The coalition on Tuesday pushed up its timeline for the Knesset’s disbandment and new elections, adding its dispersal bill to Wednesday’s legislative agenda.
The Knesset Presidium approved the addition, and the Knesset House Committee granted the bill an exemption from the traditional 45-day waiting period between submission and an initial vote.
The earliest the Knesset can disband is Wednesday, although a more likely scenario would be Monday of next week, as the legislation must pass four plenum votes and two committee reviews.
If it proceeds as planned, Foreign Minister Yair Lapid will take over as prime minister next week, possibly on Tuesday, and will hold the post through elections in the fall and until the formation of Israel’s next coalition government.
“We hope that within a week we will complete the process,” Welfare Minister Cohen told Kan Radio. “The intention is to finish it as soon as possible and to go to elections.”
On Monday evening, Prime Minister Naftali Bennett and Lapid surprised the nation — and many of their own coalition members — by announcing their intention to voluntarily disband their own government and send the country back to its fifth election since 2019, likely in late October or early November.
They said they did so after coming to a conclusion that there was no way to maintain the current government.
Once the Knesset’s disbandment is finalized, Lapid will assume the premiership and Bennett will rotate to alternate prime minister, a title that Lapid currently holds. Although the Knesset will largely cease to legislate, the government will remain in place until a new one is sworn in, post elections.
The two leaders initially said that they planned to bring a bill to disperse the Knesset to a vote next week, but following opposition efforts to bring their own bill forward on Wednesday, the coalition expedited its timeline.
On Monday night, the coalition’s acting whip Boaz Toporovsky and MK Sharren Haskel submitted the coalition’s dispersal bill. On Tuesday morning, the Presidium held a short conference necessary to add it to Wednesday’s legislative agenda.
A source close to Likud faction chair Yariv Levin confirmed that his party will file its own dispersal bill on Wednesday.
Procedurally, only private bills can be brought to the Knesset floor on Wednesdays. This means that both the Likud’s and the coalition’s bills would need to pass four readings on their way to becoming law: preliminary, first, second and third. Government bills do not need a preliminary vote and only need to pass three hurdles.
Between the preliminary and first readings, as well as between the first and last two, the bill needs to be sent to the Knesset’s House Committee for revisions. The coalition can endeavor to rush it through committee process on Wednesday and return it for its second vote later that day. If so, it would enable the coalition to breeze dissolution through its committee and final readings by Monday.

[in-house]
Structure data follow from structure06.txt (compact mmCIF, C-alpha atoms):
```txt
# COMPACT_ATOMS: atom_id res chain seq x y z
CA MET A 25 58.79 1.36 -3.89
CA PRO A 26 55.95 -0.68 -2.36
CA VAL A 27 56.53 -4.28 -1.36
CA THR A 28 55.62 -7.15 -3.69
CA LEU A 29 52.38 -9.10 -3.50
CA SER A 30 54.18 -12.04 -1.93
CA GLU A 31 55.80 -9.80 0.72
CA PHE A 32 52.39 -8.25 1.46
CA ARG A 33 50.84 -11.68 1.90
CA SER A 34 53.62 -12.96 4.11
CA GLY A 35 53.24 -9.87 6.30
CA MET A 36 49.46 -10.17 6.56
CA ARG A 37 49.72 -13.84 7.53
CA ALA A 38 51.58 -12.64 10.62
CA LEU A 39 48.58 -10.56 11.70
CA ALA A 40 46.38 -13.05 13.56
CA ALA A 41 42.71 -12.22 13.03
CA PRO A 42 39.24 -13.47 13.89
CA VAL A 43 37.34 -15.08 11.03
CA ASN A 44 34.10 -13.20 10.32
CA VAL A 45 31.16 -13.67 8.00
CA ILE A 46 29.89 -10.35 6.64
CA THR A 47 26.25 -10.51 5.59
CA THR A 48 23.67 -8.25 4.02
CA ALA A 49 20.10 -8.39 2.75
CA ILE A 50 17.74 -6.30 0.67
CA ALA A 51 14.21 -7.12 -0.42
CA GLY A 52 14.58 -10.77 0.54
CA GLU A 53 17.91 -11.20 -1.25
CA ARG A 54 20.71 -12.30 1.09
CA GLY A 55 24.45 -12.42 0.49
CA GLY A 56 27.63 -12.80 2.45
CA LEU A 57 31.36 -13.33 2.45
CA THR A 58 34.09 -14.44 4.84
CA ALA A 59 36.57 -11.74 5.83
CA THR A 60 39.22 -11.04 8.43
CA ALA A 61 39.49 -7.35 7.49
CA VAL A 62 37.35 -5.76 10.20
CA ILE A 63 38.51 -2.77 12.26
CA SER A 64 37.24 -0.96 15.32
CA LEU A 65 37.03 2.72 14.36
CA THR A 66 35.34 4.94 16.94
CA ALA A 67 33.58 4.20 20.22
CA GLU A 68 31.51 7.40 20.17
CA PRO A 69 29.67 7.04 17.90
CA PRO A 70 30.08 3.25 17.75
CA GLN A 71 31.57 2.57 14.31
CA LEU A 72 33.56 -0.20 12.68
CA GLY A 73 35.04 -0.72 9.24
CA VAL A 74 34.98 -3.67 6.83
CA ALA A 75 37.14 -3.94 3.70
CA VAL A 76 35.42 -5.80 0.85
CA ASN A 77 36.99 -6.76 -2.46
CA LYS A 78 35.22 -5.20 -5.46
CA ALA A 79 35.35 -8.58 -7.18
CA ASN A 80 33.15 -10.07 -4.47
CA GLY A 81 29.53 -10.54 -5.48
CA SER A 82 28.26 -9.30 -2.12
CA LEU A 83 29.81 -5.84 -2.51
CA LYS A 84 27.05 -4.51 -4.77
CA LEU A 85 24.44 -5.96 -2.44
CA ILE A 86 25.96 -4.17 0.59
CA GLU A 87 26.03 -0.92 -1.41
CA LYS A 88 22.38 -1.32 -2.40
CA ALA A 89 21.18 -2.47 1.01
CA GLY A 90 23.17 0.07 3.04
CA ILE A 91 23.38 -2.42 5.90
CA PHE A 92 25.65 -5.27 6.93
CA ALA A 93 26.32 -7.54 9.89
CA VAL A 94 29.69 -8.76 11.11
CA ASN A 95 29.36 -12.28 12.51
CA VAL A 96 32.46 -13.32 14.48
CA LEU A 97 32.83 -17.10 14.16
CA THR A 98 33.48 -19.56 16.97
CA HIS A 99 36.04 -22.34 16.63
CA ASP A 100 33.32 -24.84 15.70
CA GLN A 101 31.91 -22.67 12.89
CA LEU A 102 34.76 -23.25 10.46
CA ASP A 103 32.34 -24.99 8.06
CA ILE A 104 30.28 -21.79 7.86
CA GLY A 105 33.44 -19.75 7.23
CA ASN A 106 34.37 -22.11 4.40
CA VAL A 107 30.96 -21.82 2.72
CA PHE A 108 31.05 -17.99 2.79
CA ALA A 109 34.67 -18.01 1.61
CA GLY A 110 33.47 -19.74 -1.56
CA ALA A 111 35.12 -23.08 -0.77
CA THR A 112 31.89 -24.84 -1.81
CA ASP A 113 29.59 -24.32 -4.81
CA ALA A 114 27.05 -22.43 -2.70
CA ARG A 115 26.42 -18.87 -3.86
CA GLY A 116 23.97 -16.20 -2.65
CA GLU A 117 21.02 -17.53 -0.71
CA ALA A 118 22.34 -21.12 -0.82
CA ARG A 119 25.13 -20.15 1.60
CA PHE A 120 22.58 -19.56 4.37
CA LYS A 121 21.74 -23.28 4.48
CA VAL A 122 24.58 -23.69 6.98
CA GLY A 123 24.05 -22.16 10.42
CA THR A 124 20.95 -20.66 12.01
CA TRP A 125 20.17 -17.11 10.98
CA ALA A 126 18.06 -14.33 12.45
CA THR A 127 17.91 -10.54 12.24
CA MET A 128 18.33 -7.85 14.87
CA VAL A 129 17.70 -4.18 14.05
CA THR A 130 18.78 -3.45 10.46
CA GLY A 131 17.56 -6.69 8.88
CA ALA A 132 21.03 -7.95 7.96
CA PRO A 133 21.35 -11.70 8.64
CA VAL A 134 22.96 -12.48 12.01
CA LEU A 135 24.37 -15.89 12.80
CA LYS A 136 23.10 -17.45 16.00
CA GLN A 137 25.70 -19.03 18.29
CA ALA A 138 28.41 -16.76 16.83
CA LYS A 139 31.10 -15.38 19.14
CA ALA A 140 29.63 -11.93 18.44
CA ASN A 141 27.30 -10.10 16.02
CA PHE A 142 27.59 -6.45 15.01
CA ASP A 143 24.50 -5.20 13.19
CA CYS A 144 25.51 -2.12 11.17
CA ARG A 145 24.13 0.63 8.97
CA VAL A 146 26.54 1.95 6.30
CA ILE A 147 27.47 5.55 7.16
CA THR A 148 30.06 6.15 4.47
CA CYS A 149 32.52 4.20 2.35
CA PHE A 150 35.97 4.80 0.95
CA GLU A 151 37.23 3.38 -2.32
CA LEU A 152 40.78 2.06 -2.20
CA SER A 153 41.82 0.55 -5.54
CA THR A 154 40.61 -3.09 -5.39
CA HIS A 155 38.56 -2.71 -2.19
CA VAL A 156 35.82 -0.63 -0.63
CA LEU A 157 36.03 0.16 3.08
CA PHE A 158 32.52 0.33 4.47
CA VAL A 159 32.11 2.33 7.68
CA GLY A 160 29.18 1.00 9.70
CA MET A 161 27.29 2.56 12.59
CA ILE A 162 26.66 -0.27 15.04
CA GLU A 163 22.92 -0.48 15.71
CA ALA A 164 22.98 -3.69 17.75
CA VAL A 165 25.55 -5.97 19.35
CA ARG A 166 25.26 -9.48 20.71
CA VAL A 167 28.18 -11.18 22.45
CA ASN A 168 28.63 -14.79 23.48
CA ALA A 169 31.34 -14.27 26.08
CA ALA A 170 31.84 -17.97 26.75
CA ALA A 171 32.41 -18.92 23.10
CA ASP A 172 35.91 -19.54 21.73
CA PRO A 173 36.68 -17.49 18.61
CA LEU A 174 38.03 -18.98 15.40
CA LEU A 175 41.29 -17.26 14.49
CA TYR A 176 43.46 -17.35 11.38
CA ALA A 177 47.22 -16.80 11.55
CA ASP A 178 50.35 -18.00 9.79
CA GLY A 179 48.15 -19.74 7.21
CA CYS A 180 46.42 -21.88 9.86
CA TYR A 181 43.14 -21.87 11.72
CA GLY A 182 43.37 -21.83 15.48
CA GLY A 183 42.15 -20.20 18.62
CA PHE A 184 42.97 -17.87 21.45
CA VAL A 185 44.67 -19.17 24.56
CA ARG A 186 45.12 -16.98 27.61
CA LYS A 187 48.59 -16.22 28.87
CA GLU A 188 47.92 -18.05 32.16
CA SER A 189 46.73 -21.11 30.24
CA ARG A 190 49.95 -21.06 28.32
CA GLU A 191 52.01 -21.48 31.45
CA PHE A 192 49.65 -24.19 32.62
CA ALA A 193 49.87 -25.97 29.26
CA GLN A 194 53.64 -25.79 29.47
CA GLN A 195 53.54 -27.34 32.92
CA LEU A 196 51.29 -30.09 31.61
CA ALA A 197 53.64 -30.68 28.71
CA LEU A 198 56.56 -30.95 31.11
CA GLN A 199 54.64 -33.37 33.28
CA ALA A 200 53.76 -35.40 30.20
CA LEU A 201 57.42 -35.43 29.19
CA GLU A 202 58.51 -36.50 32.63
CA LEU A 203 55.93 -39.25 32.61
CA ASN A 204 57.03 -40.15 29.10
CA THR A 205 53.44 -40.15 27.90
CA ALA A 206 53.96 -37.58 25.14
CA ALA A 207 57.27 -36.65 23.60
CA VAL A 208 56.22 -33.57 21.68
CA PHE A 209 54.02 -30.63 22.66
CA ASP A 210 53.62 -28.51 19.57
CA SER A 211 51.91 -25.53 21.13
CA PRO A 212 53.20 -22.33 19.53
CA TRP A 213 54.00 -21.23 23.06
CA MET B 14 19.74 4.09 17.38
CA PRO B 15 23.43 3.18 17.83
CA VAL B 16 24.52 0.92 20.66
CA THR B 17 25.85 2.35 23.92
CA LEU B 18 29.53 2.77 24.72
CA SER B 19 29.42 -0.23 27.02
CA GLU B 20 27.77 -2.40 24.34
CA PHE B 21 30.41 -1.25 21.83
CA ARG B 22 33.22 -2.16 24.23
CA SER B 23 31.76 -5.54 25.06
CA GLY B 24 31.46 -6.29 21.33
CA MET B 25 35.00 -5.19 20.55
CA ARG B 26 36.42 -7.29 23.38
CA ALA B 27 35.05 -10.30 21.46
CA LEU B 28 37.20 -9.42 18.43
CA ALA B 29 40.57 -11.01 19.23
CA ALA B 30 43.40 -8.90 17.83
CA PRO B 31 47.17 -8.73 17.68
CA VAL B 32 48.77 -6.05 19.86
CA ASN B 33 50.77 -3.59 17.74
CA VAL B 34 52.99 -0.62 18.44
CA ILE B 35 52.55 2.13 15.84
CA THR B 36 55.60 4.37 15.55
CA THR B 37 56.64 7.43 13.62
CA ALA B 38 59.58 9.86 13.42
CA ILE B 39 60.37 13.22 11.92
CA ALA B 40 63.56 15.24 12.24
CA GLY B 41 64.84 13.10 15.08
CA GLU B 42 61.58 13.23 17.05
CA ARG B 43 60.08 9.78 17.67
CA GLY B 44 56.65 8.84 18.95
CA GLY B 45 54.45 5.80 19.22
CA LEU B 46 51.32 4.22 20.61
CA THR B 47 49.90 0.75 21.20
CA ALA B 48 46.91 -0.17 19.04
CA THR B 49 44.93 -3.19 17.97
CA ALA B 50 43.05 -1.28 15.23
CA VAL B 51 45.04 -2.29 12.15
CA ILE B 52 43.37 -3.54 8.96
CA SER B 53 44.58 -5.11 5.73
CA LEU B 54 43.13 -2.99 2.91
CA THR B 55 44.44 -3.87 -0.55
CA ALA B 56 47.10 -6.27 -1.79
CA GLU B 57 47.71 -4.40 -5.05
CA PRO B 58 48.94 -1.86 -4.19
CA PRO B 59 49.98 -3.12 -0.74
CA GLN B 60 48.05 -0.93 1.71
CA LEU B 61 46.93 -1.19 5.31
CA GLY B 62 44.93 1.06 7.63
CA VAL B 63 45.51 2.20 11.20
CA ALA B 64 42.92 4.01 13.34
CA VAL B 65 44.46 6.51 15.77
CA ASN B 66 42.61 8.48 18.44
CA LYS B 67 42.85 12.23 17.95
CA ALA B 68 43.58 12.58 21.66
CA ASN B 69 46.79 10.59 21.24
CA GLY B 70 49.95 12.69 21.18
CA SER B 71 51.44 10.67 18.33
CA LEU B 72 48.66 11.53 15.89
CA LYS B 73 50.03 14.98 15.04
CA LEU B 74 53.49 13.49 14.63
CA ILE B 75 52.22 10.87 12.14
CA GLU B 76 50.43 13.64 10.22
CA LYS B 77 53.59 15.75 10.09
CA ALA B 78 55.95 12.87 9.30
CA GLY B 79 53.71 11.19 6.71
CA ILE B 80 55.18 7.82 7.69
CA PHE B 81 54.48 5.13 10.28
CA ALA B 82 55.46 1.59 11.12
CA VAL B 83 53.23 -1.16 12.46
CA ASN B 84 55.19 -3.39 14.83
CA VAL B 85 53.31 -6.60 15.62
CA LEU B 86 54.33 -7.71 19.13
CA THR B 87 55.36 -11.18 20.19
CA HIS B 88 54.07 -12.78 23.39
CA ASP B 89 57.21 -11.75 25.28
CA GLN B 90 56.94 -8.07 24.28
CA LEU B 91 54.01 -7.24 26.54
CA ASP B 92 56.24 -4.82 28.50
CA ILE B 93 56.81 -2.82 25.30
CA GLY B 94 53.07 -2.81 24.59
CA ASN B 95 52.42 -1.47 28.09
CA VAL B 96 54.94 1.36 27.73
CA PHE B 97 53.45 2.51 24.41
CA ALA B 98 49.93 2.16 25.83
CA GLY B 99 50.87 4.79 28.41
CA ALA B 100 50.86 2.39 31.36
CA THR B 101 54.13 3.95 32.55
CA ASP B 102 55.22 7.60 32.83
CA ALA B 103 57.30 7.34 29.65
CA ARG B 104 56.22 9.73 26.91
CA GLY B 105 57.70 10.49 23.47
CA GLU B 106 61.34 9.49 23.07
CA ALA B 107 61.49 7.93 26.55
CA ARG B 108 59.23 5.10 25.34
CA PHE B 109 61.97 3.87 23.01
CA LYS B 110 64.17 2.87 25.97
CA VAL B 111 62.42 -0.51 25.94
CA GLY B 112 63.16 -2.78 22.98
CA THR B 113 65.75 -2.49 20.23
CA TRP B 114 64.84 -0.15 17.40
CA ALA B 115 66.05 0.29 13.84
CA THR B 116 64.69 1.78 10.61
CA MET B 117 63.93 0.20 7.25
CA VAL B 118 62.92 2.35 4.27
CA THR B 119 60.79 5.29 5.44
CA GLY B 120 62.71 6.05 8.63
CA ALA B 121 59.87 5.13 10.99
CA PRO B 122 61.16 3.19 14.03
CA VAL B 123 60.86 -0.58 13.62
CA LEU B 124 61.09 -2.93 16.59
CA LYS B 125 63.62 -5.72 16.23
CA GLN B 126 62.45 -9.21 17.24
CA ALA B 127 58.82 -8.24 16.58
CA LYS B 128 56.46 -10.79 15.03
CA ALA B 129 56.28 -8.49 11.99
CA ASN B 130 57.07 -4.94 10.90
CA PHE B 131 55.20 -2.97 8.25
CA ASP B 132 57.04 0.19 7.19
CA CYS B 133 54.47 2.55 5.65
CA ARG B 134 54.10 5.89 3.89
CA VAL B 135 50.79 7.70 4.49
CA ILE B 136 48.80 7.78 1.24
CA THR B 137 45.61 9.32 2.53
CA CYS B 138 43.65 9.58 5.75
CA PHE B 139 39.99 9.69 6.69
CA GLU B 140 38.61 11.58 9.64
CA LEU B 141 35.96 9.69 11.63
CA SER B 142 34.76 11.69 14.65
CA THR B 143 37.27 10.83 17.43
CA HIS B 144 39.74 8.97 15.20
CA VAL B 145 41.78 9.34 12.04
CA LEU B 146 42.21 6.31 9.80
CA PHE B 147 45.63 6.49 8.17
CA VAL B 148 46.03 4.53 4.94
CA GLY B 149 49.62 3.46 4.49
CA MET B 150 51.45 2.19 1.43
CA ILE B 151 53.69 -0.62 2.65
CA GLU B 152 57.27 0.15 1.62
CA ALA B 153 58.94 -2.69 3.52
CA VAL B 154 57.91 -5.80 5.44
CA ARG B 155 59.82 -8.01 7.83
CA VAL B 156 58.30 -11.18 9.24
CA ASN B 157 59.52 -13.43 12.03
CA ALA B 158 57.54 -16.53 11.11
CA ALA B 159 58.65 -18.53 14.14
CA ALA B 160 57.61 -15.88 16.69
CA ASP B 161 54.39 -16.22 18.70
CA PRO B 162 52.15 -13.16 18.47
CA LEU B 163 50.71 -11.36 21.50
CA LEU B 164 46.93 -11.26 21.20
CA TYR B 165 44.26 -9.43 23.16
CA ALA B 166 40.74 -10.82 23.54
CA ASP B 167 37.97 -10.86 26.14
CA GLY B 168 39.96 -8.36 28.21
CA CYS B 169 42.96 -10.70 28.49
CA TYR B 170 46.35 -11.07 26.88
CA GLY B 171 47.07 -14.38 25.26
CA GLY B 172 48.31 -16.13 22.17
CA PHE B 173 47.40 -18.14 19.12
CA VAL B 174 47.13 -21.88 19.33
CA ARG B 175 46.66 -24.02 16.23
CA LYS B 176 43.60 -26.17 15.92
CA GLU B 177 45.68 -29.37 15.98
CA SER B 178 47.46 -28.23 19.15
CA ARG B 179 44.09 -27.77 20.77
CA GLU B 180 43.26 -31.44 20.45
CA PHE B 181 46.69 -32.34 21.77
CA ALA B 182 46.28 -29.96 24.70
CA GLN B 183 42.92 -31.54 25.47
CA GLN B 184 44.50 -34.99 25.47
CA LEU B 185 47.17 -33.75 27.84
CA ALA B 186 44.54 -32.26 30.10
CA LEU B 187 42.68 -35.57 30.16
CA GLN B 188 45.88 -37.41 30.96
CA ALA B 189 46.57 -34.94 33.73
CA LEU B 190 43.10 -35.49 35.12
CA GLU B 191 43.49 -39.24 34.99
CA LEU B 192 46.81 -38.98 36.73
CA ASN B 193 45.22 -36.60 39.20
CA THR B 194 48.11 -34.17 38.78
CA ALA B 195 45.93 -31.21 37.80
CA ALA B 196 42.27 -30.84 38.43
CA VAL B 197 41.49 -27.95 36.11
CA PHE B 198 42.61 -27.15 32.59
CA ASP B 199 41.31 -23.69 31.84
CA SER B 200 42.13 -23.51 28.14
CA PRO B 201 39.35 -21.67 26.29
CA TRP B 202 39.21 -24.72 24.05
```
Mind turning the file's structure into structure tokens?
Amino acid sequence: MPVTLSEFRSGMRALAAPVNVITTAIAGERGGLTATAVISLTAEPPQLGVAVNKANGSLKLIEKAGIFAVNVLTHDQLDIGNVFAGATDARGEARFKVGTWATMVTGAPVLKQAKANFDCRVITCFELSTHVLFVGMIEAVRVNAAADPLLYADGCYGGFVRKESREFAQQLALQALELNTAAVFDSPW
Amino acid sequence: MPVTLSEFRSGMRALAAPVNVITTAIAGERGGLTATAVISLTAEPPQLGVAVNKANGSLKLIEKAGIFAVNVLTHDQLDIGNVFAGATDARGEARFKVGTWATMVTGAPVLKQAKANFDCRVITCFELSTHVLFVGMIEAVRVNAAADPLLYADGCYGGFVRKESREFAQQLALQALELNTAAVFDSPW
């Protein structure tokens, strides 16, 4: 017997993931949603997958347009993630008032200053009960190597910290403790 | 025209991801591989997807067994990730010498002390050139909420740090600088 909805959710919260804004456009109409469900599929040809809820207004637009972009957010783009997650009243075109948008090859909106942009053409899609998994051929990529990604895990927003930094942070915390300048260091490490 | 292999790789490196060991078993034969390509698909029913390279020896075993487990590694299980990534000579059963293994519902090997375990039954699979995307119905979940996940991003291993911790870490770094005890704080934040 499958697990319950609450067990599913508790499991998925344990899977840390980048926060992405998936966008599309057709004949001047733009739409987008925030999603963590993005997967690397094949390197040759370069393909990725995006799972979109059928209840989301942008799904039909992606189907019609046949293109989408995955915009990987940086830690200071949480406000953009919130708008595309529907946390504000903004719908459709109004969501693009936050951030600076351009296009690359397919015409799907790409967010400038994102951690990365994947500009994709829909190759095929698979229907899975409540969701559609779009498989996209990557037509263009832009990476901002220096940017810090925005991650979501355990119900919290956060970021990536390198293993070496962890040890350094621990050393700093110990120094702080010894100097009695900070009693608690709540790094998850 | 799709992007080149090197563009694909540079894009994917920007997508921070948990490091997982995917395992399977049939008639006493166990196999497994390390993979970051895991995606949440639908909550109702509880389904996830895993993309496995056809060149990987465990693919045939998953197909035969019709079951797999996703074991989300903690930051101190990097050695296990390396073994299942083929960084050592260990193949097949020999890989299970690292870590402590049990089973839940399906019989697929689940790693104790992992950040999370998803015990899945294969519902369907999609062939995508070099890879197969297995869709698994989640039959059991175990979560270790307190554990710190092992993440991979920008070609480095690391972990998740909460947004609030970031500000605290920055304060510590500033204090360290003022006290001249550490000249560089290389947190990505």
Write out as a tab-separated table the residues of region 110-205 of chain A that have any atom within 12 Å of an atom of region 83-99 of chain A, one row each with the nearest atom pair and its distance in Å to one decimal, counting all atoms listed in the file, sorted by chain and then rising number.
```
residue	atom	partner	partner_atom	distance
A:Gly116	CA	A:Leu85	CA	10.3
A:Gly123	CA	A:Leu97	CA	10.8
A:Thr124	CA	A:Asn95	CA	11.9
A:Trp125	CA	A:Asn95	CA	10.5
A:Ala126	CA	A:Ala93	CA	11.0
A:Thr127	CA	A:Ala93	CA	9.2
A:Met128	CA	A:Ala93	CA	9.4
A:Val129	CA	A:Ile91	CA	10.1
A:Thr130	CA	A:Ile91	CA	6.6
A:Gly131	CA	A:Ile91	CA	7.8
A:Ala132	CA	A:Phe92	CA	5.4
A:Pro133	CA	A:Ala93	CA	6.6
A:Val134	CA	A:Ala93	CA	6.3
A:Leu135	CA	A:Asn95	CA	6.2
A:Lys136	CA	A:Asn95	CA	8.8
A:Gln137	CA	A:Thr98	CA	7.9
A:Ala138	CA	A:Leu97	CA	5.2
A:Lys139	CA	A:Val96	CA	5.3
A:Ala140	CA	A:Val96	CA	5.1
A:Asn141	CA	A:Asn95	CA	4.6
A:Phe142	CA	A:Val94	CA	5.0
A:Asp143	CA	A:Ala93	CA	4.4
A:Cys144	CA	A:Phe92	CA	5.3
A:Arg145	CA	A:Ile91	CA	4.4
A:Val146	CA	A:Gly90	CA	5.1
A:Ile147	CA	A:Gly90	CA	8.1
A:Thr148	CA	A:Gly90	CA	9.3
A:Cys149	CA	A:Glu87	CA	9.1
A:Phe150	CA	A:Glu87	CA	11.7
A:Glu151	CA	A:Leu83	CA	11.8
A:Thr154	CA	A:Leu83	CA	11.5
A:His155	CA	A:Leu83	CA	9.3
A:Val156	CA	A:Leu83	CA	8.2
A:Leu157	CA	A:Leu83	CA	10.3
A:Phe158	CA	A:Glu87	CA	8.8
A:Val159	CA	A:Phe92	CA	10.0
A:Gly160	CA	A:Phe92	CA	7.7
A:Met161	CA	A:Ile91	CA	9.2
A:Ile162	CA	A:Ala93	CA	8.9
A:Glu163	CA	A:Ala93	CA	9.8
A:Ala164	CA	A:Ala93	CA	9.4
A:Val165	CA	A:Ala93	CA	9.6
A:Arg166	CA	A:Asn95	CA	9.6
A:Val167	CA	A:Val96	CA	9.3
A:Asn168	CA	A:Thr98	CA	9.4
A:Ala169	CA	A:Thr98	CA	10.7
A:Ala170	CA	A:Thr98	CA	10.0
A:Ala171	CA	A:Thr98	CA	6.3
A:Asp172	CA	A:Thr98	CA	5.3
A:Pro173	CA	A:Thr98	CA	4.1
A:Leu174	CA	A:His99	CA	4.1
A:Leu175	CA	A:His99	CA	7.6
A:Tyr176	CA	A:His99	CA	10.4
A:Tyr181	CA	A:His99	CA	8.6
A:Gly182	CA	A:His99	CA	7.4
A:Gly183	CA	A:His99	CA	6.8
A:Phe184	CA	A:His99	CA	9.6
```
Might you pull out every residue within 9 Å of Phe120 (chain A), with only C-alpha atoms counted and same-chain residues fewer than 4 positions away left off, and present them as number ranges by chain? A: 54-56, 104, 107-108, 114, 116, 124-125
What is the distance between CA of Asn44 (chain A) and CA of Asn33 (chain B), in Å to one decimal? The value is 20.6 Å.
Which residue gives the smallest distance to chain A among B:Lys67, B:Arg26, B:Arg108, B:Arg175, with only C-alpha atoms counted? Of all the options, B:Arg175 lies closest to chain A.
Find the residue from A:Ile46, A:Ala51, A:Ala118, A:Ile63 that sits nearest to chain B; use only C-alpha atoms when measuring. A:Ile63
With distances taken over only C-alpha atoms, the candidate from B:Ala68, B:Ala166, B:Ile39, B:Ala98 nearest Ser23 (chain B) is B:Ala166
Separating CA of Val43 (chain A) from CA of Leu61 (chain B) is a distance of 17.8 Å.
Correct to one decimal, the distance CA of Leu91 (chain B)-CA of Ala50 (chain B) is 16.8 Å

If not, the process can drag out until the end of next week, or longer.
Technically, the coalition could rush the bill completely through on Wednesday, but this is not expected because of the need to adhere to committee and voting procedures. Without full opposition support for the coalition’s version of the bill, the coalition cannot bypass committee procedure and can be filibustered during votes.
While both the government and opposition envision an end to the current government, the current struggle is over whose hand will fell it and under what conditions.
The opposition may try to outflank the coalition by creating a new right-wing coalition from within the existing Knesset, obviating the need for elections. This could be done by submitting a constructive no-confidence motion to swap the current government with an alternative proposed slate. If approved by 61 MKs, the alternate government automatically takes over. Such a motion can be attached to a private bill on Wednesday, or be presented as a standalone agenda item on Monday.
This would block Lapid from assuming the role of interim premier, a role that could conceivably last for many months until a new government is formed after elections, or even longer if the elections prove inconclusive and a government can’t be formed. Such a scenario saw Benjamin Netanyahu remain premier for a lengthy period after his government fell.
While certain elements of the opposition and part of the coalition’s right-wing members prefer the option of reshuffling the current Knesset, the Likud-led opposition has had trouble assembling a minimum of 61 MKs agreeing to sit under its leader, former prime minister Netanyahu.
A coalition attempt to attach a separate bill to the dissolution bill barring indicted politicians from forming a government — widely viewed as a personal bill against Netanyahu — was denied by the Knesset Presidium.